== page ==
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Subject: Color standards

Color standards

From: Bob Savage <bsavage>
Date: Wednesday, May 23, 2001
Beatrix Arendt <barendt [at] monticello__org> writes

>... So we would like to say, "these
>'x' blue chips that we pulled from Munsell's color books are going
>to be the range for 'blue.' And these 'y' chips are the range for
>light blue." That way, when an archaeologist looks at other's
>reports from different sites, they will be able to know exactly what
>range of blues they were talking about. We are hoping it will take
>out some of the subjectivity of color choice. It is a first attempt
>at speaking the same "language."

I'm sure you will get a lot of great answers from the DistList, but
here are my thoughts on the matter. I do not believe you can "take
the subjectivity out" of color viewing. Color viewing is an
inherently subjective event. The solution, instead, is to "control
for the subjectivity". This is because there is a problem here that
goes deeper than the imprecise or inconsistent language that is used
to describe color. The problem lies in the very nature of the
color-viewing event.

Even if you were to choose a standard color-chip set as a reference,
you would run into two problems: One is the "two-socks problem",
named for the situation when you pull two socks from your drawer and
think they are the same color, only to see in another light that
they are definitely not. The other is trying to control for the fact
that a viewer working at a different site (even the same
archaeologist) is liable to see colors differently than in the
reference conditions. These are actually two aspects of the same
basic problem; our color sensing ability is great at distinguishing
between colors, but not as good at absolutely identifying colors.
This is, in part, because it always works in a context. You can
point to a particular chip from Munsell as a reference, but the
experience of that color is going to be affected by things like the
nature of the light in the viewing area and the surrounding colors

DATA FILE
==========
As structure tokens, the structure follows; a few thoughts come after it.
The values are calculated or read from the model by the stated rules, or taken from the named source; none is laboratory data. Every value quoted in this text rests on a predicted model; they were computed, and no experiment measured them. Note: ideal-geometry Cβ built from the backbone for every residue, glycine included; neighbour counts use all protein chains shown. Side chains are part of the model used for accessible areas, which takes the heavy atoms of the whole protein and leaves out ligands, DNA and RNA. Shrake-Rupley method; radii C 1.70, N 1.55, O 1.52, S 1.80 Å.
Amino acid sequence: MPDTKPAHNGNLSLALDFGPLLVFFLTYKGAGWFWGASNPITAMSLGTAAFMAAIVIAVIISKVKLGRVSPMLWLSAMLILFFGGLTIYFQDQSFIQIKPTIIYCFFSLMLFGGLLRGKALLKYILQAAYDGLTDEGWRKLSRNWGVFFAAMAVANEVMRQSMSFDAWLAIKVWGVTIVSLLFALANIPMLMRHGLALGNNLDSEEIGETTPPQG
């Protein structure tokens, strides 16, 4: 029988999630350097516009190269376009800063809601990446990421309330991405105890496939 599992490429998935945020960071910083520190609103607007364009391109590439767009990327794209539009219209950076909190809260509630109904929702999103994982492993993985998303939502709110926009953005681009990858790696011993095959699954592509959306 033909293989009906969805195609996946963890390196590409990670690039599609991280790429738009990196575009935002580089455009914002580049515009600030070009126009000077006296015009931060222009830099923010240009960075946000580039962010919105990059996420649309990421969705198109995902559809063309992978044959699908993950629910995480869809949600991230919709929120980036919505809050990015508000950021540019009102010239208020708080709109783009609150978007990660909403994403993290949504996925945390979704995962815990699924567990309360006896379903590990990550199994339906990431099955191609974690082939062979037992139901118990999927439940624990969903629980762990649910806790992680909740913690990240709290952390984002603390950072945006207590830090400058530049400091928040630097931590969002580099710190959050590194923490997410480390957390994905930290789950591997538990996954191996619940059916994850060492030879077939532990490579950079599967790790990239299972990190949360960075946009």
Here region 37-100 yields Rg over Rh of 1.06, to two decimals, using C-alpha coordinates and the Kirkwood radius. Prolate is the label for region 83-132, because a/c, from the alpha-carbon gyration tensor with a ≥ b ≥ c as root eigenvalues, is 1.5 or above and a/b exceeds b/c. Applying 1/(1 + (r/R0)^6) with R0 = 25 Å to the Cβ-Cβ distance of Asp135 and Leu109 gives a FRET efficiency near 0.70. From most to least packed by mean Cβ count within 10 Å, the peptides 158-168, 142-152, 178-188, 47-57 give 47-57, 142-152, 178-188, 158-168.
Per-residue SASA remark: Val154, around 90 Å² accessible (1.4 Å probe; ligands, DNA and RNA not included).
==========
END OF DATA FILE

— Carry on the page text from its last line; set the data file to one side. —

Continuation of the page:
(sometimes referred to as "background noise", but in fact they are a
very important part of how we identify color--that is, by
differentiating it from the other visible colors which surround it).

You must try to control for the nature of the light in effect during
the color-viewing event. Your reference would then become "this chip
from Munsell viewed under the standard conditions". Typically you
would reproduce the "standard conditions" in a special light box.
Unfortunately to properly match you need to also see the artifact
under the same conditions and there will be times when you cannot
physically stuff it into the light box (or, for that matter, it
might be impractical to bring the light box to the artifact under
observation). In these cases a handheld colorimeter might not be a
bad solution. A scholar would bring it along and use it to compare
the Munsell chip to the artifact, or simply record the L*a*b* values
and do the comparison later (depends on the features of the

Best of luck, it sounds like an interesting project.

Bob Savage
Media Preservation Unit
Stanford University Libraries

                  Conservation DistList Instance 14:64
                  Distributed: Thursday, May 24, 2001
                       Message Id: cdl-14-64-003
Received on Wednesday, 23 May, 2001

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